House flies aren’t particularly picky where it comes to choosing locations to lay their eggs. Rotting garbage, manure, grass clippings or other decaying organic material are perfect spots as far as the fly is concerned. Flies spend their short lives focused on reproducing, and females can produce as many as 1,000 eggs during their lives.
The moisture in manure and garbage is what attracts female flies when it’s time to lay eggs. If the eggs dry out, they won’t hatch. A female can lay up to 150 white eggs at one time, and she usually lays eggs in groups. Each egg looks like a tiny grain of rice and is about 1/25th of an inch long. Temperature influences hatching time. The Penn State College of Agricultural Sciences reports that eggs hatch in 7 1/2 hours when it’s 99 degrees Fahrenheit, and in two days when it’s only 59 degrees.
You’ve probably seen wriggling white maggots in a garbage can on a hot day. The maggots are the larval form of the fly and look like white worms. Maggots are born on their food source and then feed on the garbage, manure or other material. Maggots molt and change appearance three times before they enter pupal stage of development. They also develop faster if it’s warmer and can reach maturity as soon as four days in very warm conditions. If it’s cool outside, it can take up to 30 days until a maggot reaches maturity.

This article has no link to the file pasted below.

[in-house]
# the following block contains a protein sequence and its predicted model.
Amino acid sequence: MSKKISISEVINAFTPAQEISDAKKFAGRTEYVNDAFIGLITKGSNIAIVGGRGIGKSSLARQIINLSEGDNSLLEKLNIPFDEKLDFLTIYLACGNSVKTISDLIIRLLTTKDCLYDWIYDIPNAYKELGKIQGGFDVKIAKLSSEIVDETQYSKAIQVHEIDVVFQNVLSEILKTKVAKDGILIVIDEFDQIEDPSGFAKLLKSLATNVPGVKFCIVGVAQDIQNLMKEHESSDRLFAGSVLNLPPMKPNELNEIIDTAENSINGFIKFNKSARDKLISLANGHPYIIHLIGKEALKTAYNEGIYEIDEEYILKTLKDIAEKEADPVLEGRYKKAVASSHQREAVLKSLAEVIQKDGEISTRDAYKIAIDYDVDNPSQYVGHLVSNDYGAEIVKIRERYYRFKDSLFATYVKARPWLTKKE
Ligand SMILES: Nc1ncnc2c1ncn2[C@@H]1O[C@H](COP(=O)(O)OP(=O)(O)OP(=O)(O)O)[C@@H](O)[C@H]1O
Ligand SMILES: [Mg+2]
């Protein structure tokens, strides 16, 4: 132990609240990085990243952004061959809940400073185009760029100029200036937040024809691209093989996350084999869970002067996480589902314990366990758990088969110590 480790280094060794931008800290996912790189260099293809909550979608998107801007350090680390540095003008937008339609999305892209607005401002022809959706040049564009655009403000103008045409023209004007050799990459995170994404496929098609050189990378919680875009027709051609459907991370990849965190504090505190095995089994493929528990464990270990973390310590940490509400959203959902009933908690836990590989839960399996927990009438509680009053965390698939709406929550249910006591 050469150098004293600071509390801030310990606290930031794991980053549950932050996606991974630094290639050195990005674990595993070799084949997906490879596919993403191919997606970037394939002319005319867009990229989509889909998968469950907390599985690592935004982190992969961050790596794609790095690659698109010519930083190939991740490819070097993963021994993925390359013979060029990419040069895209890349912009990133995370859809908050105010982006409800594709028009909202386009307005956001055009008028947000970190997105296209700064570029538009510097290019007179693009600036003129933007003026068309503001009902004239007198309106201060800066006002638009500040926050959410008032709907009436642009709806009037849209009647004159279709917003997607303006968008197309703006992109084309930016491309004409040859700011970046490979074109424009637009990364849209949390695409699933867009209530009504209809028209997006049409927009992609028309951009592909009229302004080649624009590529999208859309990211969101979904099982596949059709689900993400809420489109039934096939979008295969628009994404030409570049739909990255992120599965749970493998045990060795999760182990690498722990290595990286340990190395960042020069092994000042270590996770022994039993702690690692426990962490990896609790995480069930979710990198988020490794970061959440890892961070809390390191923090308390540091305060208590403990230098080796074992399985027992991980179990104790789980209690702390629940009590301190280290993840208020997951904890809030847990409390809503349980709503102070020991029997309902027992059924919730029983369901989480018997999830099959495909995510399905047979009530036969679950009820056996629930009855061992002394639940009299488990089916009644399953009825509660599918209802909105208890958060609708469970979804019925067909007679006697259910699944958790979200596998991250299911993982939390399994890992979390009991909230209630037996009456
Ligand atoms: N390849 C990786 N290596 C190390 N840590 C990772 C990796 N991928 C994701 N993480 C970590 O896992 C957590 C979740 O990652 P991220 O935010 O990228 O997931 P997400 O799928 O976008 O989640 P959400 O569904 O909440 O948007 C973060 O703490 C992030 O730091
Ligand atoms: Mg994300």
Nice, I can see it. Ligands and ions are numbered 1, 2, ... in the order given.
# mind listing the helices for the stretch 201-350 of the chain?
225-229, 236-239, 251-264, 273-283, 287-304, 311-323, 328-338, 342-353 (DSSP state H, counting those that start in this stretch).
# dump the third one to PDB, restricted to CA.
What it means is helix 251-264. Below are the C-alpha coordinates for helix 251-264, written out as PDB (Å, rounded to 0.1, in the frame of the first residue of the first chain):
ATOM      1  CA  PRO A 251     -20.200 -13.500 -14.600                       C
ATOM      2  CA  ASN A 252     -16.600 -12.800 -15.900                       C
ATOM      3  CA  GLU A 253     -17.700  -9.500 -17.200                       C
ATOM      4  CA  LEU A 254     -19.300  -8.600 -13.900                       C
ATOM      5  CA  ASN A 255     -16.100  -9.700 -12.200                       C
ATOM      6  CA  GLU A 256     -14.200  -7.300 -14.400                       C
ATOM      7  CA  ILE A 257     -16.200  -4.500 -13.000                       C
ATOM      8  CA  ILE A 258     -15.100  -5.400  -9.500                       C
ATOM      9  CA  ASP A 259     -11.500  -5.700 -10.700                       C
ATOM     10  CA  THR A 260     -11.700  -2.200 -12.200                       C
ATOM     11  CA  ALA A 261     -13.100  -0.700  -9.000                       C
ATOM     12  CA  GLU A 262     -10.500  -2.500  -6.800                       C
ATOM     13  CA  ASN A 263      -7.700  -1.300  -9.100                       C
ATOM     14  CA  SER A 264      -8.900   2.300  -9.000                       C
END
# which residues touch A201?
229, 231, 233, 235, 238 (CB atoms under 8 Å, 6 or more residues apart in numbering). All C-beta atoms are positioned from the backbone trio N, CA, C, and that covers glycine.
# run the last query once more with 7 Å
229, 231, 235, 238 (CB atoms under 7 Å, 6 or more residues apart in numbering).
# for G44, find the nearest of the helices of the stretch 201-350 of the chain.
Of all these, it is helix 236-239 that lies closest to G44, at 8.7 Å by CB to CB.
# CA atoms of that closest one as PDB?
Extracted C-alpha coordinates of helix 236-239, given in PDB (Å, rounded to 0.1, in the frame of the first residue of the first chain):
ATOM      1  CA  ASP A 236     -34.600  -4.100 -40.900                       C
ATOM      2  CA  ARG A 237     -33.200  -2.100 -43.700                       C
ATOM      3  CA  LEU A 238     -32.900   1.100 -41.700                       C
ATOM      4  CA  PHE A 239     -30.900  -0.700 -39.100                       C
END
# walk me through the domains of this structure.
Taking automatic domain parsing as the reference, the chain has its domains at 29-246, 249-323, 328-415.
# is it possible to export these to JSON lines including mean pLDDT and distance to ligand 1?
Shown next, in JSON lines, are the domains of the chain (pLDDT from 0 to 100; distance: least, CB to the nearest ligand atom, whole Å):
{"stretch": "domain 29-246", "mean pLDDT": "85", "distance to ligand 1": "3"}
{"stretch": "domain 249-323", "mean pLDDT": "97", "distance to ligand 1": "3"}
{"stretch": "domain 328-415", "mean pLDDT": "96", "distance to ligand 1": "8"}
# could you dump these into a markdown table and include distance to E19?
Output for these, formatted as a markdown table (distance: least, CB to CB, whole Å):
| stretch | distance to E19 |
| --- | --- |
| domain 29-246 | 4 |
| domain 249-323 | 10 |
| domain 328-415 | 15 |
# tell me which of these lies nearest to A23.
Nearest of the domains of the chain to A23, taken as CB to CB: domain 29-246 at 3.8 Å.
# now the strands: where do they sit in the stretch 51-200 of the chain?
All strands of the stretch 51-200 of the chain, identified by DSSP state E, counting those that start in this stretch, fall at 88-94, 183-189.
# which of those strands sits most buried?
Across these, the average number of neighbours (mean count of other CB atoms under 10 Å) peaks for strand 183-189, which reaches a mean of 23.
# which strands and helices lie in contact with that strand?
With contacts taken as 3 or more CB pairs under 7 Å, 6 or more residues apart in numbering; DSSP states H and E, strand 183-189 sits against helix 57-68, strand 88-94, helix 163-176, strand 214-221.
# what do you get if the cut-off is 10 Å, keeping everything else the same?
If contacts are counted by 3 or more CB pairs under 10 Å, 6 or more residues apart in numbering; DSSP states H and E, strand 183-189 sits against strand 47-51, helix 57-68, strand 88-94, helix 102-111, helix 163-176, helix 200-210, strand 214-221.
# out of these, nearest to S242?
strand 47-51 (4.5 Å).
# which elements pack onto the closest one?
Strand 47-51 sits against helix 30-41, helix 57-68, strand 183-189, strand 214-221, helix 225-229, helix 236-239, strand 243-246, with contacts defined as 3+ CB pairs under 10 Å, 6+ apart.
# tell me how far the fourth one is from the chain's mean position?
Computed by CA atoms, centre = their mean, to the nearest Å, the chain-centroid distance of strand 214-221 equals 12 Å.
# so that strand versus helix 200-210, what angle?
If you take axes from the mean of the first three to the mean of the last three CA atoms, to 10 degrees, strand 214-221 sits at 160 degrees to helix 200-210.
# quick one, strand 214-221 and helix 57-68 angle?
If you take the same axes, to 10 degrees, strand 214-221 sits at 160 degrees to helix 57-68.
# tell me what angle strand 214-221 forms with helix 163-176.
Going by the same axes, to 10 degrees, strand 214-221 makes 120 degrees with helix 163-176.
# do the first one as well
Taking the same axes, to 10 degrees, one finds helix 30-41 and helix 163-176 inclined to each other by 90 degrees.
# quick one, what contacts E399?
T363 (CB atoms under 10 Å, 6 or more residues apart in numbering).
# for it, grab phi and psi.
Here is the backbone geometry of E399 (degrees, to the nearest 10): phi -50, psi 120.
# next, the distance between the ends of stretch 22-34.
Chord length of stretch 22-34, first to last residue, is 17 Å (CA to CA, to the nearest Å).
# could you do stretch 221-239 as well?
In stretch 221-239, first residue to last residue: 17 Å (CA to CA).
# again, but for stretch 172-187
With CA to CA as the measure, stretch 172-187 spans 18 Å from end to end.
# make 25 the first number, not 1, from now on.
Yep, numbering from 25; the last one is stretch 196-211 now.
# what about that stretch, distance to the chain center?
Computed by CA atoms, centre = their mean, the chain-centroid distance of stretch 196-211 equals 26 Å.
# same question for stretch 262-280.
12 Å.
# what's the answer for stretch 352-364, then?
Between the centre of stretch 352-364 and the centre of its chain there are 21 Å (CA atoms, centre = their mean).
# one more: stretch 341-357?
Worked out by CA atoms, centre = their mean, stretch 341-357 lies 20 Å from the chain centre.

Once a maggot reaches maturity, it crawls off in search of a drier, cooler place in which to undergo the next life cycle stage. The maggot’s skin hardens into a brown pupal case, which protects it from the weather and predators. It will spend anywhere from two days to one month in the case, depending on the temperature. As the pupa changes into a fly, it grows wings and legs. When it’s fully grown, it breaks out of the pupal case and flies away.
The adult house fly starts looking for love as soon as one day after it leaves its pupal case behind. First it finds a food source, one that contains sugar, and then it finds a mate. The female house fly lays her eggs approximately 4 to 20 days after she mates with the male. House flies aren’t picky eaters and will feed on anything, including rotting garbage, sewage, oozing wounds and spoiled meat. When they land on a person, they tend to vomit or defecate, potentially exposing the unlucky host to germs they picked up while dining. The life of a house fly might be over in as little as three weeks, but if the weather’s cool, it might live as long as two months.
Working at a humane society allowed Jill Leviticus to combine her business management experience with her love of animals. Leviticus has a journalism degree from Lock Haven University, has written for Nonprofit Management Report, Volunteer Management Report and Healthy Pet, and has worked in the healthcare field.